Ecuador cuts gasoline prices in latest concession to protesters

QUITO (Reuters) – Ecuadorean President Guillermo Laso said on Sunday he would cut petrol and diesel prices by 10 cents a gallon, the latest concession to try to end nearly two weeks of anti-government protests that have drawn at least six people. Die.

Sometimes violent demonstrations by indigenous protesters demanding lower prices for fuel and food, among other things, began on June 13 and led to reduced oil production in Ecuador.

Lasso, whose hostile relationship with the National Assembly worsened during the protests, had already withdrawn security measures and announced subsidized fertilizer and debt relief, and his government met this weekend with indigenous groups. Read more

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Leonidas Iza, leader of the indigenous organization CONAIE, announced the gasoline prices and other pending issues earlier on Sunday, promising to continue the demonstrations until they are settled.

“Everyone considers that gas prices have become the cornerstone of the continuation of the conflict, and although we as a government are very clear that this factor is not the root of the problems of Ecuadorians, we must think about the common good and the peace of the citizens,” Laso said.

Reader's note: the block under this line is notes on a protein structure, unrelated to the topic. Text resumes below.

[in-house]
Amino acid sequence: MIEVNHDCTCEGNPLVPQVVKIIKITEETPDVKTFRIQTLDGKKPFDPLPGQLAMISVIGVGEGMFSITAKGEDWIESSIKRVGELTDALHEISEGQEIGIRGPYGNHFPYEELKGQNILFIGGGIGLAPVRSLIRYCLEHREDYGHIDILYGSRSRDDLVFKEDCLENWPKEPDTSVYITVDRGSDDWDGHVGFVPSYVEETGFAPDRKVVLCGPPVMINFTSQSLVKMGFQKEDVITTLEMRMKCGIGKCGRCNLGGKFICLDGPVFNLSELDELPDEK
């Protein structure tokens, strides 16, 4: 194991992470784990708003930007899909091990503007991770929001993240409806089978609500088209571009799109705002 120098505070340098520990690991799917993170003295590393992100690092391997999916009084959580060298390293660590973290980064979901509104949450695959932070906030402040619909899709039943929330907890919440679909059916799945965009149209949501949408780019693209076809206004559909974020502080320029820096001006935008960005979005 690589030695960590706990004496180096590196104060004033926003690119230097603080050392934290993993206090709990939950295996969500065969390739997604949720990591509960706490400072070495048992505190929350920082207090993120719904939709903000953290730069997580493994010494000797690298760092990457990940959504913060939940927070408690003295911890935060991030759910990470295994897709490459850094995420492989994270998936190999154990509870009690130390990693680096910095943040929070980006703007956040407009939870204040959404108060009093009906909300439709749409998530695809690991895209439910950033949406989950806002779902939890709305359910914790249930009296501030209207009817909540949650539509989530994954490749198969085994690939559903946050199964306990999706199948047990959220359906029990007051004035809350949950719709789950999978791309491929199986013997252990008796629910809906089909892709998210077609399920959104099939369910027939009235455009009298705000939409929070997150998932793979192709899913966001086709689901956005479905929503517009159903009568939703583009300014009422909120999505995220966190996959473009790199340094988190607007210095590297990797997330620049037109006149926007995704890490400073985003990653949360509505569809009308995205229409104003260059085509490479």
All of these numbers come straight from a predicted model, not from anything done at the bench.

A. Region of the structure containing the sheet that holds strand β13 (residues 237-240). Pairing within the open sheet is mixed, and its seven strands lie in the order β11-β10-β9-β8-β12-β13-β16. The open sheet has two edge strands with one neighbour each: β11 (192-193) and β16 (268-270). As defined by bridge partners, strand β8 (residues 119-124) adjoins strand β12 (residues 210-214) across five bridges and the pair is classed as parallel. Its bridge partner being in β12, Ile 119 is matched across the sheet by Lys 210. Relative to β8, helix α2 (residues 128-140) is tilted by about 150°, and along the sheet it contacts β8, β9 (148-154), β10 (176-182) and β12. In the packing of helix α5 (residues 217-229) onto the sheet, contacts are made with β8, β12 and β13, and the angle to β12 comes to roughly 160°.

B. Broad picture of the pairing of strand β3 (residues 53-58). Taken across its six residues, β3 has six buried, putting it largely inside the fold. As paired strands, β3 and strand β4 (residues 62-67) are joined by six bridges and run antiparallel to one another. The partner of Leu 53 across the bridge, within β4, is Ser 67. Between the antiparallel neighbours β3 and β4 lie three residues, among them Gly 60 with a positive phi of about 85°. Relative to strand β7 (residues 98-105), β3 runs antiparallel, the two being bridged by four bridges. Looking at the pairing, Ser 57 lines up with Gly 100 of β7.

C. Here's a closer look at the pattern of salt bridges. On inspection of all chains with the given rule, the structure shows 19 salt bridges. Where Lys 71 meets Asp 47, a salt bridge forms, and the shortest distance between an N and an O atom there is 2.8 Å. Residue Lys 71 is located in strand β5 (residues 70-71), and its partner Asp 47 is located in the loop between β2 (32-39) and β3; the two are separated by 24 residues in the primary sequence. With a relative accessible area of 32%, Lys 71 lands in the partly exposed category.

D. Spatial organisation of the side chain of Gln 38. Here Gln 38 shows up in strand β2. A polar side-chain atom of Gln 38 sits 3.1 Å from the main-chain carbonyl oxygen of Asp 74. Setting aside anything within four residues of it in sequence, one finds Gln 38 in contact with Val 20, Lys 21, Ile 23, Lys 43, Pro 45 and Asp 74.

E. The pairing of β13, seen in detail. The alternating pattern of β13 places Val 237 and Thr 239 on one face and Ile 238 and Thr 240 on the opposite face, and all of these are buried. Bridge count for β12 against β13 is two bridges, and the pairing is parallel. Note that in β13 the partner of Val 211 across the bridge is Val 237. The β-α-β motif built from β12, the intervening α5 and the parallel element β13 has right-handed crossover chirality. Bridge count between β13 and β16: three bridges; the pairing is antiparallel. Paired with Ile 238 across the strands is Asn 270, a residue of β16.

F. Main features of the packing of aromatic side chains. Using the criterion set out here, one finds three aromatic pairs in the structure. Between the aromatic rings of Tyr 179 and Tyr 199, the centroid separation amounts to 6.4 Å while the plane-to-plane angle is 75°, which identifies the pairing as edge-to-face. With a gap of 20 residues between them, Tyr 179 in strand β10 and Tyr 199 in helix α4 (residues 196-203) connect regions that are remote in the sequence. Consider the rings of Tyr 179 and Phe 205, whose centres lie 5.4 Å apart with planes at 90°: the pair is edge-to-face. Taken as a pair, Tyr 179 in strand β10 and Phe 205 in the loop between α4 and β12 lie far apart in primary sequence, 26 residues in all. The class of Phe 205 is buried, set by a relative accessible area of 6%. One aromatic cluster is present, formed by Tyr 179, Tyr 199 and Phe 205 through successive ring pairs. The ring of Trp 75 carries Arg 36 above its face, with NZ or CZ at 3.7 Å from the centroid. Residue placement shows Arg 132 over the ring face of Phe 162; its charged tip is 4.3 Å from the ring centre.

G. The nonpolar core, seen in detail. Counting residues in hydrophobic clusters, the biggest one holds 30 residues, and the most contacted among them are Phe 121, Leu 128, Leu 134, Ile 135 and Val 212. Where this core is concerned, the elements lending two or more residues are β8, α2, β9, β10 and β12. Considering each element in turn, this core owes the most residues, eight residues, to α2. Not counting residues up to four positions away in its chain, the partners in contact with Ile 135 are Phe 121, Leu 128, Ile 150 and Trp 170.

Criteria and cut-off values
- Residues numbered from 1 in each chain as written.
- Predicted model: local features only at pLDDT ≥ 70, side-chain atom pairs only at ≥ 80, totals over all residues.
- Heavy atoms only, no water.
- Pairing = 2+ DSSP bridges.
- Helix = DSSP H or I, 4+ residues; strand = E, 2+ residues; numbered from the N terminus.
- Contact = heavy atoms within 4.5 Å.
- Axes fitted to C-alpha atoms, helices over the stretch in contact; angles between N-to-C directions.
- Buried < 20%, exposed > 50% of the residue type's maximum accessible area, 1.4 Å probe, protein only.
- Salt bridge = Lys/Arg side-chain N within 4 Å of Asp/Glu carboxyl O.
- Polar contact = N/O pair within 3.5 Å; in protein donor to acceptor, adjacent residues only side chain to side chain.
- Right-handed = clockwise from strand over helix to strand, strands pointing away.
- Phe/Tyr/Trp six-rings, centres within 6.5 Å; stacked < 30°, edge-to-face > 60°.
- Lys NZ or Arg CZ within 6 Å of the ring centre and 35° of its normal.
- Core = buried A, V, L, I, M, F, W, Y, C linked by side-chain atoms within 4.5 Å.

“I decided to cut the price of additional gasoline and Ecobase (gasoline) by 10 cents a gallon and also diesel by 10 cents a gallon,” Lasso said.

The Lasso froze prices for additional gasoline at $2.55 a gallon and diesel at $1.90 a gallon in October of last year, which led to an initial series of protests.

The extra gasoline will now cost $2.45 a gallon, while the diesel will cost $1.80, both still higher than what CONAIE ordered.

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The Ecuadorean Energy Ministry said earlier that oil production in Ecuador has fallen by more than half due to road closures and acts of vandalism linked to the protests.

“Oil production is at a critical level. Today’s figures show a decrease of more than 50%,” the ministry said in a statement. “Within 14 days of demonstrations, the Ecuadorean state stopped receiving about $120 million.”

The ministry said sabotage, seizure of oil wells and road closures prevented the transportation of essential supplies.

Before the protests, oil production was about 520,000 barrels per day.

The Ministry of Production said the public oil sector, flower and dairy producers from the private sector, tourism and other companies lost about $500 million.

Quito residents have complained of a shortage of produce and Laso said earlier on Sunday that hospitals in the city of Cuenca were suffering from a lack of oxygen.

The Independent National Human Rights Commission counted five dead protesters, while the government says four civilians died during the protests and two died in ambulances that were delayed due to the siege.

Lawmakers continued the debate on Sunday about trying to remove Lasso from office, though opposition groups did not appear to have the support needed to do so.

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(covering by Alexandra Valencia) Writing by Julia Simes Cobb Editing by Nick Czyminsky and Robert Percell

Our criteria: Thomson Reuters Trust Principles.

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